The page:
labnotebook allows you to:
- flexibly save all your experimental data in a postgres database through a very simple interface, including configuration, models, results, and training curves.
- monitor any indicators from your running experiments by streaming them through a web application:
- access all this data forever through the web app, through sqlalchemy, or through traditional sql text queries.
All you need to do is to modify your code to include
labnotebook.stop_experiment() and pass the info you would like to save to the database as arguments. As an option, you can save information for each training step by using
You can see a very simple example notebook here.
Another example of how to log while training a ConvNet in PyTorch is here.
In the life sciences, scientists write everything in their lab notebooks. I wanted a similar permanent store for my PyTorch experiments that allowed me to:
asynchronously look at what was going on. TensorBoard obviously provides excellent functionality, albeit with an interface and storage system that I didn't especially like. It's very hard to keep track of all the indicators of old experiments and to compare them to newer experiments.
store everything forever in a queryable database. Sacred provides some of this functionality, but the interface is complex and inflexible. In addition, I think experimental data is relational data intermixed with nosql data, and postgres is better adapted to the type of queries for this kind of experimental data.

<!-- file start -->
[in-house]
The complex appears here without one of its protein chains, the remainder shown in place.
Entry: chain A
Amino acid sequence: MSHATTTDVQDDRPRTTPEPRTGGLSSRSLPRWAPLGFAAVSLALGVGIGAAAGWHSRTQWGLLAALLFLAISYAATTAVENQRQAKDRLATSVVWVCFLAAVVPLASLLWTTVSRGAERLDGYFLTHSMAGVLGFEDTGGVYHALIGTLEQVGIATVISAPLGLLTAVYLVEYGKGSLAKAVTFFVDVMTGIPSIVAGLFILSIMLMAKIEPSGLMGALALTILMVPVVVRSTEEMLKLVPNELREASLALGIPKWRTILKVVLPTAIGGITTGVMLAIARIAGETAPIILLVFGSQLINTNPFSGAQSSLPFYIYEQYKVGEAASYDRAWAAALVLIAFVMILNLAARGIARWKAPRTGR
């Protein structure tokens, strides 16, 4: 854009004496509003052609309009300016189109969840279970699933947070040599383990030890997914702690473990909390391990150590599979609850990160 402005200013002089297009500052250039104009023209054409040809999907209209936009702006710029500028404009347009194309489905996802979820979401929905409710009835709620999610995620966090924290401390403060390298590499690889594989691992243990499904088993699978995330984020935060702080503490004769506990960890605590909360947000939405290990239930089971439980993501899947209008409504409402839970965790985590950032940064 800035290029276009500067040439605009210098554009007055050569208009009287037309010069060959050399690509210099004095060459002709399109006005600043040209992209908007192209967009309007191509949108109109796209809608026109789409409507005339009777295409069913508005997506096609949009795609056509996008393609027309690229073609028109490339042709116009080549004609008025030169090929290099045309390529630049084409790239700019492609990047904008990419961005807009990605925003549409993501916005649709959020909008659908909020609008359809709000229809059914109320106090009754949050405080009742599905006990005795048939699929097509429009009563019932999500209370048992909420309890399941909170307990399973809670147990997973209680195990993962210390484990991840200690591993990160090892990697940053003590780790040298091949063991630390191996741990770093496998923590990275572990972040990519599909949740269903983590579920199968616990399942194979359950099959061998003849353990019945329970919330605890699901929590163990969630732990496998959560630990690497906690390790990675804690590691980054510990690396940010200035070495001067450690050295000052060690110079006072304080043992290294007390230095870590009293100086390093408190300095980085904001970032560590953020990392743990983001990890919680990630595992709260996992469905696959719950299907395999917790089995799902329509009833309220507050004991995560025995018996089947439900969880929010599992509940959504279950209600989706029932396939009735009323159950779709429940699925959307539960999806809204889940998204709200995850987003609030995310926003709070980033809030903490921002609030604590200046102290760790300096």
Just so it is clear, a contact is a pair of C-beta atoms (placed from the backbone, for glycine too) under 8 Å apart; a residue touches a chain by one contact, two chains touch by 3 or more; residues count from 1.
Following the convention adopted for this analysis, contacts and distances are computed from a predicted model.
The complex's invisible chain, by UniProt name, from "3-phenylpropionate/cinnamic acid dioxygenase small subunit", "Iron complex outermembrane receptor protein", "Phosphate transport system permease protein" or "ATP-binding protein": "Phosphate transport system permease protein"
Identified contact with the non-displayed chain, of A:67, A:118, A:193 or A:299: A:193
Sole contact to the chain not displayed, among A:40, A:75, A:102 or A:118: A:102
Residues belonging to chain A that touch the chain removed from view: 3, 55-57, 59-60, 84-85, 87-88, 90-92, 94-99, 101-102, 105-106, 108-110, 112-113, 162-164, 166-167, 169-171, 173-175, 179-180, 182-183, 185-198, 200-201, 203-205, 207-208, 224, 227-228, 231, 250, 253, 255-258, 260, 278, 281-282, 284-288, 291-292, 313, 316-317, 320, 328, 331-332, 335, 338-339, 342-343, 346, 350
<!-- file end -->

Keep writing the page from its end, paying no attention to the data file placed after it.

For a quick read on the tech stack choices I made, check out my blog post.
Follow the detailed installation guides, create your database, and make a note of your database's url. It's usually of the form
Note you need version 9.4+.
Clone the repository:
git clone https://github.com/henripal/labnotebook.git
Enter the directory and install labnotebook locally:
pip install .
Once you've installed the package, you can run the following command on your database url to start the API:
Navigate to the
frontend directory and serve it; for example using python 3's http.server:
python -m http.server
Then open the serving address and port, typically
http//localhost:8000 if you're using the python server.
A simple example notebook is available here.
A more realstic example, training a convolutional neural network on MNIST in PyTorch and logging with
labnotebook is available here.
This is a very early alpha version of the tool that I'd thought some people might enjoy. I haven't tested it on older browsers or frameworks. For now I've tested this only on Ubuntu, with PyTorch-style experiments, using chromium. I'm happy to get any feedback of how this runs on other platforms!
I'm by myself working on this and there are bugs galore. Any contributions are welcome; let me know if you would like to contribute but not sure how to go about doing it, and I'll walk you through it!
If you like this and want to be updated on what I'm doing, follow me on twitter?